Undervalued Spotlight #103
Over the years I’ve owned many “Canadian Whites” the cool Canadian black and white comic books of the early to mid 1940s. These books are hard to find especially in higher grades. As a reseller I’ve never had to sit on one of these comics very long; I honestly can’t remember one that lasted more than 2 comic conventions. These comics have a high level of demand from a very robust and serious collector base.
I will give you a very quick history.
By the late 1930s the comic book medium exploded in popularity thanks in large part to the introduction of Superman (co-created by Canadian Joe Shuster) in Action Comics #1 (June/38). An explosion of superheroes quickly followed including fan favorites Batman and Captain Marvel.
Canadians loved these comics just as much as their American neighbors and the US publishers did brisk business exporting their comics into Canada.
Then along came World War II. Historically we must remember that Canada entered the war right away while America officially remained on the sideline for over 2 years. Canada’s war economy was eating up precious resources and was importing heavily from the United States. This growing deficit forced then Prime Minister McKenzie King to pass the War Exchange Conservation Act at the end of 1940, restricting the importation of nonessential goods such as comic books.
Things were looking bleak in early 1941 for Canadian comic book fans.
Business is a lot about opportunity though and four Canadian publishers saw a good opportunity in meeting this demand for comic books.
Maple Leaf Publishing in Vancouver and Anglo-American, Hillborough Studios, and Bell Features (called Commercial Signs of Canada at start up) all in Toronto jumped into the game.
In three short years Canadian publishers were producing about 20 titles on regular schedules. Titles like Dime Comics, Three Aces, Grand Slam Comics, Lucky Comics, Active Comics, Commando Comics, Rocket Comics, Big Bang and Three Aces all sold well. I was unable to find total circulation figures but I did pick up snippets of information here and there, one citing Bell Features publishing over 100 000 comics a week at this time. I can assume monthly publishing totals for the Canadian comic industry at its height was in and around one million copies. If anyone has accurate circulation figures please link in the comments field below.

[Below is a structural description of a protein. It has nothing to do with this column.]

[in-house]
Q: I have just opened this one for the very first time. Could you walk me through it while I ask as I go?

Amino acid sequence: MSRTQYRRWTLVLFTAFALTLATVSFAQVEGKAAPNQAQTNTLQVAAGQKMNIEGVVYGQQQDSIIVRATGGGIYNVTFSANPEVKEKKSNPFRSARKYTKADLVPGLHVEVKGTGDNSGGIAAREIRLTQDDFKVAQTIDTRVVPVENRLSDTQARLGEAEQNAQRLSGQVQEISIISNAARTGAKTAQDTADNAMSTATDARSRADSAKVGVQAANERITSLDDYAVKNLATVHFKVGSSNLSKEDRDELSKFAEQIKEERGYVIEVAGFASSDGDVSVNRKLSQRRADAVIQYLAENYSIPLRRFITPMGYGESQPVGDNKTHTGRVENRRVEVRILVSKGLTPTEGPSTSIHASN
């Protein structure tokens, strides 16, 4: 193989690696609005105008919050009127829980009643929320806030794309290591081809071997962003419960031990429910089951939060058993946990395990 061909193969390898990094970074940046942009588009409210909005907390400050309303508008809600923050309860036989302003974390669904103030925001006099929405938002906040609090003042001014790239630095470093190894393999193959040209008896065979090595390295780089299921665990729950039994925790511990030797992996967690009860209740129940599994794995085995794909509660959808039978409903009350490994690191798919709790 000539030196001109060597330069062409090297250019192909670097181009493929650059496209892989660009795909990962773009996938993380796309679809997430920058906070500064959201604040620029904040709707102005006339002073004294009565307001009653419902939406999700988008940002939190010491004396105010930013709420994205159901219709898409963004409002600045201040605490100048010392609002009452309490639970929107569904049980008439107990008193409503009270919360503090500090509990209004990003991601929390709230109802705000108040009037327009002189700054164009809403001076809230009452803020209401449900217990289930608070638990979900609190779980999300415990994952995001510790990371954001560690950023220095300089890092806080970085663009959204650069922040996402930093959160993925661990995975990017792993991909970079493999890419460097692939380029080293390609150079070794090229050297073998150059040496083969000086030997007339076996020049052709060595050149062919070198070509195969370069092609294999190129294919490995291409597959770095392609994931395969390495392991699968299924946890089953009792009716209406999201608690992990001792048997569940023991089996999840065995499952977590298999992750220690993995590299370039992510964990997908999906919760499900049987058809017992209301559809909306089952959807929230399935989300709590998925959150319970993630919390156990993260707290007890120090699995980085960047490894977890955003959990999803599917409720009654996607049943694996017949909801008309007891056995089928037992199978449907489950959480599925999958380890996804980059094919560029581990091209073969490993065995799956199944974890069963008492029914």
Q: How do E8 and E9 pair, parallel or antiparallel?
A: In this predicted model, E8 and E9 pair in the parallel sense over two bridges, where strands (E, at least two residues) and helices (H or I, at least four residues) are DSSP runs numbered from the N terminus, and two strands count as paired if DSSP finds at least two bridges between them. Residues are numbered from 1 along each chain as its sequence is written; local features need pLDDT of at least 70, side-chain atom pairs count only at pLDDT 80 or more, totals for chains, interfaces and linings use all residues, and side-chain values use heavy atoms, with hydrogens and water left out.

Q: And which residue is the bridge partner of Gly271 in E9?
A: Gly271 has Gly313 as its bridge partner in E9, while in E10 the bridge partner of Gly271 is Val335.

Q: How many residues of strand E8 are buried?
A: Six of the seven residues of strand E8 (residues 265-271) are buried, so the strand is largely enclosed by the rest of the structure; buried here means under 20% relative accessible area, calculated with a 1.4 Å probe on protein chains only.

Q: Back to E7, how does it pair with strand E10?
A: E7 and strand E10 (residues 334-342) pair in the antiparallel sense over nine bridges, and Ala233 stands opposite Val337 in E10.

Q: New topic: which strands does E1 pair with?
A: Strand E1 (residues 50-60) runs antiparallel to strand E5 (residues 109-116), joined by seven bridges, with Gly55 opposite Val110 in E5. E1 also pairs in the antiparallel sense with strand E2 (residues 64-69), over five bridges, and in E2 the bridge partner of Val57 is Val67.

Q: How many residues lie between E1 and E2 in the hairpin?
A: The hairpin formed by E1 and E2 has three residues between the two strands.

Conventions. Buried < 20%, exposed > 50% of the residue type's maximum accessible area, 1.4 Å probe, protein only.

It was the repealing of the aforementioned War Exchange Conservation Act in 1946 that spelled the end of the Canadian Whites. Canadian publishers could not compete with the resumed importation of the color American Comics.
My undervalued pick this week features the very 1st of these “Canadian Whites” Better Comics #1. Anglo-American’s Robin Hood comics was published contemporaneously in March 1941, but was essentially a tabloid sized collection of reprints of syndicated newspaper strips from Ted McCall, hence making Better Comics # 1 the first homegrown Canadian comic book containing original homegrown material.
Better Comics # 1 also boasts Canada’s first superhero featuring the Iron Man by former Disney artist Vernon Miller. Iron Man is the sea dwelling (lived in a bubble city) sole survivor of a South Pacific civilization destroyed by an earthquake. Iron Man is really two heroes in one. He is made of Iron and thus we can count him as a possible template for the current Tony Stark Iron Man (iron suit only) but he’s also like Marvel’s Sub-Mariner, surfacing from the sea to help fight Nazis, pirates and other bad guys.
This comic is incredibly rare.
There are other must have Canadian Whites including Dime Comics #1 (1st Johnny Canuck, Feb. 1942) and Triumph-Adventure Comics #1 (1st Nelvana, Aug. 1941). I was only able to find one of these 3 key Canadian Whites on the CGC census, a CGC 5.0 copy of Dime Comics #1.
The collecting community that has arisen for these comics is strong and any Canadian White in higher grade is a book you can ask your price on. There are strong pockets of collectors in Canada the US and in the UK.
The more common lower grade copies of Canadian Whites trade for about $100 while I have sold nicer condition Maple Leaf issues for as much as $400. Unfortunately I’ve never owned a Dime Comics #1, Triumph Comics #1 or Better Comics #1 so I don’t know what these things regularly sell for. I do know that demand is so high you could most likely ask for double what you paid for it and just wait for someone to cave to the tremendous pressure that the bragging rights to owning one of these would bring.
Canada’s future looks bright and so does the collectibility of Canadian Whites. If by some chance you happen upon a Better Comics #1 or any of these great comics pick them up as quickly as you can. Hurry man!
The 41st edition of the Overstreet Price Guide does not list Canadian Whites!
Strengths that make this comic book a good long-term investment are:
- Considered the 1st Canadian White
- Launches Canada’s comic book industry
- Introduces Canada’s 1st superhero the Iron Man
- A very niche but very dedicated group of collectors
Please provide any sales figures you may have for any of the above mentioned books.
Special thanks to Canadian Whites collector and expert Steven Lipson for his insights. If you have any questions about Canadian Whites please feel free to contact Steven at firstname.lastname@example.org.